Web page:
In an interview with the US news channel Fox, President Ortega says he does not intend to resign to the demands that he resign, which has been brought up in protests that have shaken the country over the past three months. He also does not want elections to be held prematurely, which has been proposed as a solution to the conflict. He says that there are paramilitary groups in the country behind the protests and violence that have now harmed about 300 lives. These groups, in turn, are supported by the political opposition and drug cartels, according to Ortega. However, human rights organizations place blame on armed government-loyal groups. According to the Nicaraguan human rights organization Cenidh, between 400 and 500 protesters must have been detained. Thousands of students demonstrate in support of Ortega on the streets of Managua,
The military regains control of Masaya
The government announces that the military has regained full control of the city of Masaya, where armed government opponents barricaded themselves. According to a spokesman for the Nicaraguan human rights organization ANPDH, government forces have been fighting against insurgents for hours. At least two people must have been killed, one of whom was a police officer. A representative of the government says it is a coup attempt that has been rejected.
Over 280 killed in the protest wave
The unrest that has been going on since the end of April has claimed more than 280 people’s lives, reports the Inter-American Commission on Human Rights (IACHR). Over 1,800 people have been injured in the clashes between protesters demanding President Ortega’s departure and the president’s support troops. Two students are killed on July 12 when security forces disperse protesters gathered at a university campus in Managua. Dozens of people are killed when security forces strike on July 14 against protesters and oppositionists in the city of Masaya and its suburbs in southeastern Nicaragua. Six of those killed are protesters, four are soldiers.
US faces sanctions on Nicaragua Police Chief
The United States decides to impose sanctions on Chief of National Police Francisco Javier Díaz Madriz and Fidel Antonio Moreno Briones at the mayor’s office in Managua for the role they played during the last months of violence. Díaz Madriz is charged with extrajudicial executions and Moreno Briones for burning a house on fire, which resulted in the death of everyone in a family of six, including two children. Sanctions are also being leveled against José Francisco López Centeno, head of the country’s state-owned oil company, who is accused of taking advantage of his position to obtain government contracts for companies owned by his family, and for transferring millions of dollars to himself and the country’s political leaders. The three are thus not allowed to have any financial transactions with Americans.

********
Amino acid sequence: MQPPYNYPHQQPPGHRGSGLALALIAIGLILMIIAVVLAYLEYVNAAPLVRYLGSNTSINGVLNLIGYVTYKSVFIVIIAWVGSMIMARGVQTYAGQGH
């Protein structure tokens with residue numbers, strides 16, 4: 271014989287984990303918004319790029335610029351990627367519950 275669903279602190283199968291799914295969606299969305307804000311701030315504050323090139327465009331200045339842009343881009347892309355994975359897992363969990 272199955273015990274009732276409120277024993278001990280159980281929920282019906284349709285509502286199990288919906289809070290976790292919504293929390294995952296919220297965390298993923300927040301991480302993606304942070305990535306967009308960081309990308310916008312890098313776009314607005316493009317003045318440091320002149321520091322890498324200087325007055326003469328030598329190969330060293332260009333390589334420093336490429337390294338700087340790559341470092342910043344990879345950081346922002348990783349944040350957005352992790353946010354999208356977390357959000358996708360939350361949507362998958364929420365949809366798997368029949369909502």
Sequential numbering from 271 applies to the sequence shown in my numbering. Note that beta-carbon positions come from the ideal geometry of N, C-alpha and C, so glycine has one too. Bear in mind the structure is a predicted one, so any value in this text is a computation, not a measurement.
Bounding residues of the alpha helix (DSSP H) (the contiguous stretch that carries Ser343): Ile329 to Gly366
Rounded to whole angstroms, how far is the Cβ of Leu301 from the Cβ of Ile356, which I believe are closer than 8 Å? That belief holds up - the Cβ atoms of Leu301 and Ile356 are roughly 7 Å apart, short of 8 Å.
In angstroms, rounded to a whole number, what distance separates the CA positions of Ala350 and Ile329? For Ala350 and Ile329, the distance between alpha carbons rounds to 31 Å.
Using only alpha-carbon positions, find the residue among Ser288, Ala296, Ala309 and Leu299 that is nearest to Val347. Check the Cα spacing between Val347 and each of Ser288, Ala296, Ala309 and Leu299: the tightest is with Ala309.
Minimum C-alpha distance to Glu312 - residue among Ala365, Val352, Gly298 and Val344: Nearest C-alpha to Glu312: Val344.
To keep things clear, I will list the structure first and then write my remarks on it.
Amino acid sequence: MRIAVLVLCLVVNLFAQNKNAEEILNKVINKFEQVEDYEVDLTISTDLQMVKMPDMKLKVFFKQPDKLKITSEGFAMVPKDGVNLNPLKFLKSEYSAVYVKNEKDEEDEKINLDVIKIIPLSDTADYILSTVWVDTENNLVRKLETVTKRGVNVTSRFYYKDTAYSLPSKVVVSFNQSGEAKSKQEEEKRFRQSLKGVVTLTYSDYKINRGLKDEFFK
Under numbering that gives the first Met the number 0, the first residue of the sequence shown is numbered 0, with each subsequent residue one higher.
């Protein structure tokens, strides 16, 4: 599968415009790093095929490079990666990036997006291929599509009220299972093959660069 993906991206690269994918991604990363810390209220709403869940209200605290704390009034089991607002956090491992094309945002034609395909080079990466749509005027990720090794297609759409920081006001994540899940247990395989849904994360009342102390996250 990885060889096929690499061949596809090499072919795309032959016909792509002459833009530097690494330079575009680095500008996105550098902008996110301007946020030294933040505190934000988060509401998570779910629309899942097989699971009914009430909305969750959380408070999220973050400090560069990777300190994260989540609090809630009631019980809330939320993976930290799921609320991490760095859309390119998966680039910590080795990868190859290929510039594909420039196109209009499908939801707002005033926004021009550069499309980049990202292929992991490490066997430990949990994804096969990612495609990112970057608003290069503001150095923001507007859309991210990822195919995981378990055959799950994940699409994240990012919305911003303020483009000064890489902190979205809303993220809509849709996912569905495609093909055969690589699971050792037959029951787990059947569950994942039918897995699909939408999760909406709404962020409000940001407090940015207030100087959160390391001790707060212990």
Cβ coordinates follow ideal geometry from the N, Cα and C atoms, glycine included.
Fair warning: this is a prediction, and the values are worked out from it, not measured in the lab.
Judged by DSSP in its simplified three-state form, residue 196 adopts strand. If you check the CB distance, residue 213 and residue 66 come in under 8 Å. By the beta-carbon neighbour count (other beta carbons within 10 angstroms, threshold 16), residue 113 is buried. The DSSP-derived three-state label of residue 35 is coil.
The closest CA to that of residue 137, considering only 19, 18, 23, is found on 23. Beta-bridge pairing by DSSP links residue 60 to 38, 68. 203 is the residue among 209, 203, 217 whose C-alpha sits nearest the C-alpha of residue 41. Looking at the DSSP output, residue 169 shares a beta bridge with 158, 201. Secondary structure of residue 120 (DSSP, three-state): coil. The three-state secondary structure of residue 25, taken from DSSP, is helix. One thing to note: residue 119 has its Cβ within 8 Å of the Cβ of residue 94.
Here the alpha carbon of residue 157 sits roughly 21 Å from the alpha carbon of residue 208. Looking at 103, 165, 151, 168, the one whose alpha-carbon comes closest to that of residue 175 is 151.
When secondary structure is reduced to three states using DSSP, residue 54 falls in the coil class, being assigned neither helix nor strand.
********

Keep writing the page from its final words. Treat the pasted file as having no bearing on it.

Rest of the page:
The government is trying to take Masaya back
Police and faithful militia launch an attempt to regain control of the city of Masaya, a few miles from Managua. Bishop Silvio Báez appeals to the government to hold back and “respect people’s lives”. But the day before, talks under the auspices of the Catholic Church have once again collapsed, as both bishops and protesters accuse the government of failing to live up to promises to allow international organizations to investigate the violence.
Commodity trading in the region threatened
Around 7,000 trucks with goods are estimated to have become stuck in Nicaragua due to the ongoing unrest which has led to many roads being blocked off. The number of roadblocks tripled on June 9, to 126, since the government side resorted to violence against protesters in Managua, Jinotega and Masaya. Most of the trucks are on the borders of Costa Rica and Honduras. The Panama government has ordered that stops for new truck transports to Nicaragua and several companies in the northern countries have suspended transports. All neighboring countries are affected by the disruptions. Particularly troublesome is the location of Costa Rica and Panama, which normally exports a lot of agricultural goods by road to the United States.
A 24-hour general strike has been announced and prompted many residents to bunker gasoline and food. Shortly before the strike begins, the country’s influential bishops state that immediately afterwards they will try to get the parties to the conflict to resume negotiations to put an end to the chaos that has come to characterize the entire community. More than 150 people have been put to death during two months of unrest.
Civil disobedience to the government
Pressure against the government is growing when salespeople at the Mercado Oriental in Managua, Central America’s largest market, declare that they are in “civil disobedience” in protest of government repression. Earlier, the country’s Academy of Sciences (ACN) and the Academy of Law and Political Science (ANCJP) have announced the same. They have proposed measures such as withholding tax until the government resigns.